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shyvas

Deity
Forum Moderator
The plastic jar weighs 57g (net). I buy it in Mercadona supermarket in Spain, it's their own brand (Hacendado) but I use Tesco's or Morrison's own when in the UK.
That would be the equivalent of 4 tbs of curry powder.

Convert 1 tbsp to 1 g, gram of CURRY POWDER

I also have Tesco's, Morrison's, Sainsbury's and Schwartz's curry powder. I also have quite a few of the East End spice products that are available at Asda, Sainsbury's and Tesco's. They come in a pouch and are far cheaper than the shop brands.

East End Spices a

They usually cost around 80 P to £1 in the stores.
 
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Andy_T

Addicted Poster
Forum Moderator
Now I am craving a curry!

I have to say that I, myself, do enjoy potatoes in curries, on top of chickpeas and all the other classic vegetables.

Having lived in Malaysia for 3 years, where Thai curries were sometimes the lifesaving single-vegan-dish-on-the-menu in some places, I like those a lot, and it always dismays me when I come to a place that is not able to make a curry without using dairy milk. Not as it should be at all IMO.
 

Peter

Famous Member
That would be the equivalent of 9 tbs of curry powder.

Convert 1 tbsp to 1 g, gram of CURRY POWDER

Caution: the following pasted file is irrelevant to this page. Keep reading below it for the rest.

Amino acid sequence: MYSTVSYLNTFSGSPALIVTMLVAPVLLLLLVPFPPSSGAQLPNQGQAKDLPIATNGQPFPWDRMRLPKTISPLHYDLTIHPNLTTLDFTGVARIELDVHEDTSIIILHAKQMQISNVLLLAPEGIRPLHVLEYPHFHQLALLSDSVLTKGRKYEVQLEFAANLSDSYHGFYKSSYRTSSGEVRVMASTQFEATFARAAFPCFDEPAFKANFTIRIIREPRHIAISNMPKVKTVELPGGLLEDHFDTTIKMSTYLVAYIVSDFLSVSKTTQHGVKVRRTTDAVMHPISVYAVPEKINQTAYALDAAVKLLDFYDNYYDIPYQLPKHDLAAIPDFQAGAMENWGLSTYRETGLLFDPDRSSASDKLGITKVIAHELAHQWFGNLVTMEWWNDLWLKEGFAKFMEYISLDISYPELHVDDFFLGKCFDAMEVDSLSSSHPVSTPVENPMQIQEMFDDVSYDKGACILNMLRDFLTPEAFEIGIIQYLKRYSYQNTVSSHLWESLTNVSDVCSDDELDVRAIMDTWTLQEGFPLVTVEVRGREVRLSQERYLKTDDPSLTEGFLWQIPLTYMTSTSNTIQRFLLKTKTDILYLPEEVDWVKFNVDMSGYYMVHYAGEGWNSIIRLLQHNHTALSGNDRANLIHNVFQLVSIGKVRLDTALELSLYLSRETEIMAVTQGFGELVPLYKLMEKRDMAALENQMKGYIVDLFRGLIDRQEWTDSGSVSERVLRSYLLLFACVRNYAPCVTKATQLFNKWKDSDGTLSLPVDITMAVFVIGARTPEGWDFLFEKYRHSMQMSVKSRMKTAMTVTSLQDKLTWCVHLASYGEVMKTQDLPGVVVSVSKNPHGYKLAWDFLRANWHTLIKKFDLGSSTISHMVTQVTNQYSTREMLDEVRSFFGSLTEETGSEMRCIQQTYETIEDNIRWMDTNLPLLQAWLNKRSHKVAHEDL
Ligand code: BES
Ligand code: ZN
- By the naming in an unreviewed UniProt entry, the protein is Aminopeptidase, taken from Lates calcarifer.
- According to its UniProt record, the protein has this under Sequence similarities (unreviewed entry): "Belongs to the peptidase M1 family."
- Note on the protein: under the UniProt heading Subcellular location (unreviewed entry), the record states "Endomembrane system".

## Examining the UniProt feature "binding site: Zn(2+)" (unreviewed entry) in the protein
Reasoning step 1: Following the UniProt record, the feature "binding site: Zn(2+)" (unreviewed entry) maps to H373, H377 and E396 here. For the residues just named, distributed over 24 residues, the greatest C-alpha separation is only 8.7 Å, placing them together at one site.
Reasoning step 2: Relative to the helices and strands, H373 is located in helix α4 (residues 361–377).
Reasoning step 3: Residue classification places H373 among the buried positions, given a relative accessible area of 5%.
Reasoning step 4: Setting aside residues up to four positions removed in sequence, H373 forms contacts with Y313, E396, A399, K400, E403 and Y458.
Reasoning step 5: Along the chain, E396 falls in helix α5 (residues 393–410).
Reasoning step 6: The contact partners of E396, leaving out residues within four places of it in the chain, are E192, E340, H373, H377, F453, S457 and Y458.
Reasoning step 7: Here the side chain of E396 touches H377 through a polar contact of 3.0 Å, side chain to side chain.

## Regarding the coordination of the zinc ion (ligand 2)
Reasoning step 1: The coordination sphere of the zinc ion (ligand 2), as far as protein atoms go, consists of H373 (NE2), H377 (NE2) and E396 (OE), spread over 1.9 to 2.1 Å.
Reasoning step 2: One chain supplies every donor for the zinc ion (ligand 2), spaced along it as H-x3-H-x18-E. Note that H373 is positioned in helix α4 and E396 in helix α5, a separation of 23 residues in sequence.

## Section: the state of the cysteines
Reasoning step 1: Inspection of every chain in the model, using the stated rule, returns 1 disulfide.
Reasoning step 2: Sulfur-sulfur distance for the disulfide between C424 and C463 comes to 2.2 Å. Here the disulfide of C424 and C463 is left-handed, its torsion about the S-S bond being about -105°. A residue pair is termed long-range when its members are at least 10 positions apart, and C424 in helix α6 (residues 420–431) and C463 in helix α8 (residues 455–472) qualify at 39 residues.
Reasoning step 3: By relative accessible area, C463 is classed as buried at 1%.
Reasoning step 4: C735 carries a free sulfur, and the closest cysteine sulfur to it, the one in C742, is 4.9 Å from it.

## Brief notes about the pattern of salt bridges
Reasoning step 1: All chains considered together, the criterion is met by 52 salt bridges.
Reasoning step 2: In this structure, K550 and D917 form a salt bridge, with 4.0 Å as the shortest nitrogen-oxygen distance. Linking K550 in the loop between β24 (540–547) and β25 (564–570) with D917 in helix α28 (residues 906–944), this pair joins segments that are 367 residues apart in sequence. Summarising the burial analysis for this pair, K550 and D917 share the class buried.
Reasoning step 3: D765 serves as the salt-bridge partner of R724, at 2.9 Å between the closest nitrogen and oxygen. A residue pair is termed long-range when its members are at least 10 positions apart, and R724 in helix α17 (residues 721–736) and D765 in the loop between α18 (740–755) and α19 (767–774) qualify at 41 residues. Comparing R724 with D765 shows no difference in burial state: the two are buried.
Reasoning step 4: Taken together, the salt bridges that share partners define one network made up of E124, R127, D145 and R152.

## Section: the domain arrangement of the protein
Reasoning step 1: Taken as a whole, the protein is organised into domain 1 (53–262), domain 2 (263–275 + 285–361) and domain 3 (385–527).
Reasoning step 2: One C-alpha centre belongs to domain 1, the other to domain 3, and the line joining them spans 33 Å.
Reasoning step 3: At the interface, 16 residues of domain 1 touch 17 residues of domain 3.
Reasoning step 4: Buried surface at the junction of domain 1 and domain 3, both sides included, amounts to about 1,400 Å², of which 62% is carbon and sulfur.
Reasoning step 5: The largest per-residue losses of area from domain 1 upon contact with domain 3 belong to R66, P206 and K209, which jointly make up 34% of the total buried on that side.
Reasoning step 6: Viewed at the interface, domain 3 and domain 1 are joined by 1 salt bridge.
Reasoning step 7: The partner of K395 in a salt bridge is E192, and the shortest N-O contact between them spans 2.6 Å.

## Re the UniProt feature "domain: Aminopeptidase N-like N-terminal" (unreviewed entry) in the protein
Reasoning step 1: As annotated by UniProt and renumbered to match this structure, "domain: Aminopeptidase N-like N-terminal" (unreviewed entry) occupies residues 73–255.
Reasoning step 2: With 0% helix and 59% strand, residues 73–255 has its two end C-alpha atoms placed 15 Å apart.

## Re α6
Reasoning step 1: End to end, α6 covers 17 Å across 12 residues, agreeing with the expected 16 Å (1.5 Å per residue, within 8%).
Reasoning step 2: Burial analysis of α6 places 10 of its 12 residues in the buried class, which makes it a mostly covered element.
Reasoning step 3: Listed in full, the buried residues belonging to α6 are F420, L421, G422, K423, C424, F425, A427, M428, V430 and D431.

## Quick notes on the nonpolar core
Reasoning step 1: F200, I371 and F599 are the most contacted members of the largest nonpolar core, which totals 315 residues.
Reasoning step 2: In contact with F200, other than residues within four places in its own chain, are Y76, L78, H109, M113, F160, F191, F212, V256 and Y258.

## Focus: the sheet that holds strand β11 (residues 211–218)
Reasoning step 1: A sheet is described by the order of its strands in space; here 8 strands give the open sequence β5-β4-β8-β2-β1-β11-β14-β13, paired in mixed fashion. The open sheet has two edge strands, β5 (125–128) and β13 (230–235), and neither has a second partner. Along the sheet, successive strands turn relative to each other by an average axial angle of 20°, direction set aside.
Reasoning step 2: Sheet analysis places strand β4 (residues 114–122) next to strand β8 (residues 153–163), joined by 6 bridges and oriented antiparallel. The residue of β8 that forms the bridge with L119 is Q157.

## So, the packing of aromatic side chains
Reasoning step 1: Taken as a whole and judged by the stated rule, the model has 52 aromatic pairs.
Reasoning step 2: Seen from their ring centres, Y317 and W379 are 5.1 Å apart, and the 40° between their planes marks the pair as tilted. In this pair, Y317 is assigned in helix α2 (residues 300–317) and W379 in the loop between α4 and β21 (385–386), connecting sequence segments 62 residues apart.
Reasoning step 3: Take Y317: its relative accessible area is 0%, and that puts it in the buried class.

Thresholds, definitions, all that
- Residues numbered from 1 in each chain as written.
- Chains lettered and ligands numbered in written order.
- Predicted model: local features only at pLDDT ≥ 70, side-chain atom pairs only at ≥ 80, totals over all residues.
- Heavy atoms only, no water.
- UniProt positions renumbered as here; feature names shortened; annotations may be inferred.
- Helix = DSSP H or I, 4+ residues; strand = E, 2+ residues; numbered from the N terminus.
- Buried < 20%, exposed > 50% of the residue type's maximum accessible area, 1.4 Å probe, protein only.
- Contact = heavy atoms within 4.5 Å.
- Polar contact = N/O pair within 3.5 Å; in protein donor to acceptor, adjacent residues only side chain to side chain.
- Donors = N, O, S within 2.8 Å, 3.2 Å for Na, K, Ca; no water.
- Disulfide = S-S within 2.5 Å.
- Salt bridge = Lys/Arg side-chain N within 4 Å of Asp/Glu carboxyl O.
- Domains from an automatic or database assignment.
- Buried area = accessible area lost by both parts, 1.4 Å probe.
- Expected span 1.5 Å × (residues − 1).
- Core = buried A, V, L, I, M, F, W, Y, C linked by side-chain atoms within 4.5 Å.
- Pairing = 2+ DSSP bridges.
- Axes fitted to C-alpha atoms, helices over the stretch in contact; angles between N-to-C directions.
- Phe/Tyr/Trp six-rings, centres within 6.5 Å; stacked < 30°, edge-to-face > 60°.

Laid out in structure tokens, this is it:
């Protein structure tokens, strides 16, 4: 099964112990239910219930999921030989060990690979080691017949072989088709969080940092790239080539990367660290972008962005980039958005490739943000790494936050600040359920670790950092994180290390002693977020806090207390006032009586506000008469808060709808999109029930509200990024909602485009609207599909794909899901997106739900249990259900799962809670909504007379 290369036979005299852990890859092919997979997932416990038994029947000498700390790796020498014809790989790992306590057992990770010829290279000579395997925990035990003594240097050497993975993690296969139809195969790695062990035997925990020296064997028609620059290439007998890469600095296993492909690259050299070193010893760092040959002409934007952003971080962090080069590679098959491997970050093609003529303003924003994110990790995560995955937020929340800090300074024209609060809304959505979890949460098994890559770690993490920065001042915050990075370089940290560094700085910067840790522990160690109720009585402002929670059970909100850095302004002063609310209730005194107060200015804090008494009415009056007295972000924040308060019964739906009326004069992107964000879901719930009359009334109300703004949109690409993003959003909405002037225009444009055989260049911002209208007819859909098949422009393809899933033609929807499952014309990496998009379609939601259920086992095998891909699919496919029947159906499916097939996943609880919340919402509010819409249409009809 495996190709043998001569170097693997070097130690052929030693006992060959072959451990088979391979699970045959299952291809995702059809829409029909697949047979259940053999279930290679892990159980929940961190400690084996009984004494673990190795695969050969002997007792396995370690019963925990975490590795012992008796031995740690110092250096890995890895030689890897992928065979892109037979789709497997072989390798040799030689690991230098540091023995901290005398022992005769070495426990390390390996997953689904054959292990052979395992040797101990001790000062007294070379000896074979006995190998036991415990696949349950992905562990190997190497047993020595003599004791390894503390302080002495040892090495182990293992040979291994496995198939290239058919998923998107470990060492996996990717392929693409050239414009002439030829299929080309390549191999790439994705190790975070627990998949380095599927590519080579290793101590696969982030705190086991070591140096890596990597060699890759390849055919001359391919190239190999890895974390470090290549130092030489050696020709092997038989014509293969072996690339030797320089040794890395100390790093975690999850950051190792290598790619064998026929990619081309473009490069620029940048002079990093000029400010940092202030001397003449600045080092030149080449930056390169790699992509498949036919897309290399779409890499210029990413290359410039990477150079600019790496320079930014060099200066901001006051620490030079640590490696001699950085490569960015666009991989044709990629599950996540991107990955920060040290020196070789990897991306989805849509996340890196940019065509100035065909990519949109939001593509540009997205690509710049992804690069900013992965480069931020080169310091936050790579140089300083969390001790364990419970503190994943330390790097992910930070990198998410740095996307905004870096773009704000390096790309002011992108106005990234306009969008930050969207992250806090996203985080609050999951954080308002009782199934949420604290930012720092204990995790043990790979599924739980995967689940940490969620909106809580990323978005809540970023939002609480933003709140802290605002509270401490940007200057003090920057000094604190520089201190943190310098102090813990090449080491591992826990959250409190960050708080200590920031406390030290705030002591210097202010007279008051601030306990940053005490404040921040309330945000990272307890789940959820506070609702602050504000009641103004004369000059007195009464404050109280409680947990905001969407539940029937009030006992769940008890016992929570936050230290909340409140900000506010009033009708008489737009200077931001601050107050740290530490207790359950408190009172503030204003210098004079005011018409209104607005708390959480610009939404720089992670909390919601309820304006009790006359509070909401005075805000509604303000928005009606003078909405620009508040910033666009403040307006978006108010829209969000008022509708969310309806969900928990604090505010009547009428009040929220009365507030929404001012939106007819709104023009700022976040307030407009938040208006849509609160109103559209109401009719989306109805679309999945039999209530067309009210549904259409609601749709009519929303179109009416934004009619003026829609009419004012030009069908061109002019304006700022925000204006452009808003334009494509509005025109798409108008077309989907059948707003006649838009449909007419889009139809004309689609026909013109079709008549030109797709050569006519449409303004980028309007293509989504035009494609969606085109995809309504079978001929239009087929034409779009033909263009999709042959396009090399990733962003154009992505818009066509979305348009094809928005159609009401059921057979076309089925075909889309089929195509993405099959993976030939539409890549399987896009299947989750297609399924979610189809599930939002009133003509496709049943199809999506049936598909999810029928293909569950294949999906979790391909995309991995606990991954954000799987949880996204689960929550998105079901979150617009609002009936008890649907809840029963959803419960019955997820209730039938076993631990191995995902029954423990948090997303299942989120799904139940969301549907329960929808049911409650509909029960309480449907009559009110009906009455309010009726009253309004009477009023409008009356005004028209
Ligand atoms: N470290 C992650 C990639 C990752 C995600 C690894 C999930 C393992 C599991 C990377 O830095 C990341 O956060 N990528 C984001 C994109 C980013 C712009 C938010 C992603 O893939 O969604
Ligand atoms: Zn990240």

I also have Tesco's, Morrison's, Sainsbury's and Schwartz's curry powder. I also have quite a few of the East End spice products that are available at Asda, Sainsbury's and Tesco's. They come in a pouch and are far cheaper than the shop brands.

East End Spices a

They usually cost around 80 P to £1 in the stores.
I haven't weighed the curry. It says 57g net on the bottle and costs about a euro. That's about 2 ounces. The whole jar can't be much more than 2 heaped Tbsp (a British Tbsp = 4 tsp). I think an American Tbsp is different. Tesco's curry powder comes in much bigger packs.
 

shyvas

Deity
Forum Moderator
I haven't weighed the curry. It says 57g net on the bottle and costs about a euro. That's about 2 ounces. The whole jar can't be much more than 2 heaped Tbsp (a British Tbsp = 4 tsp). I think an American Tbsp is different. Tesco's curry powder comes in much bigger packs.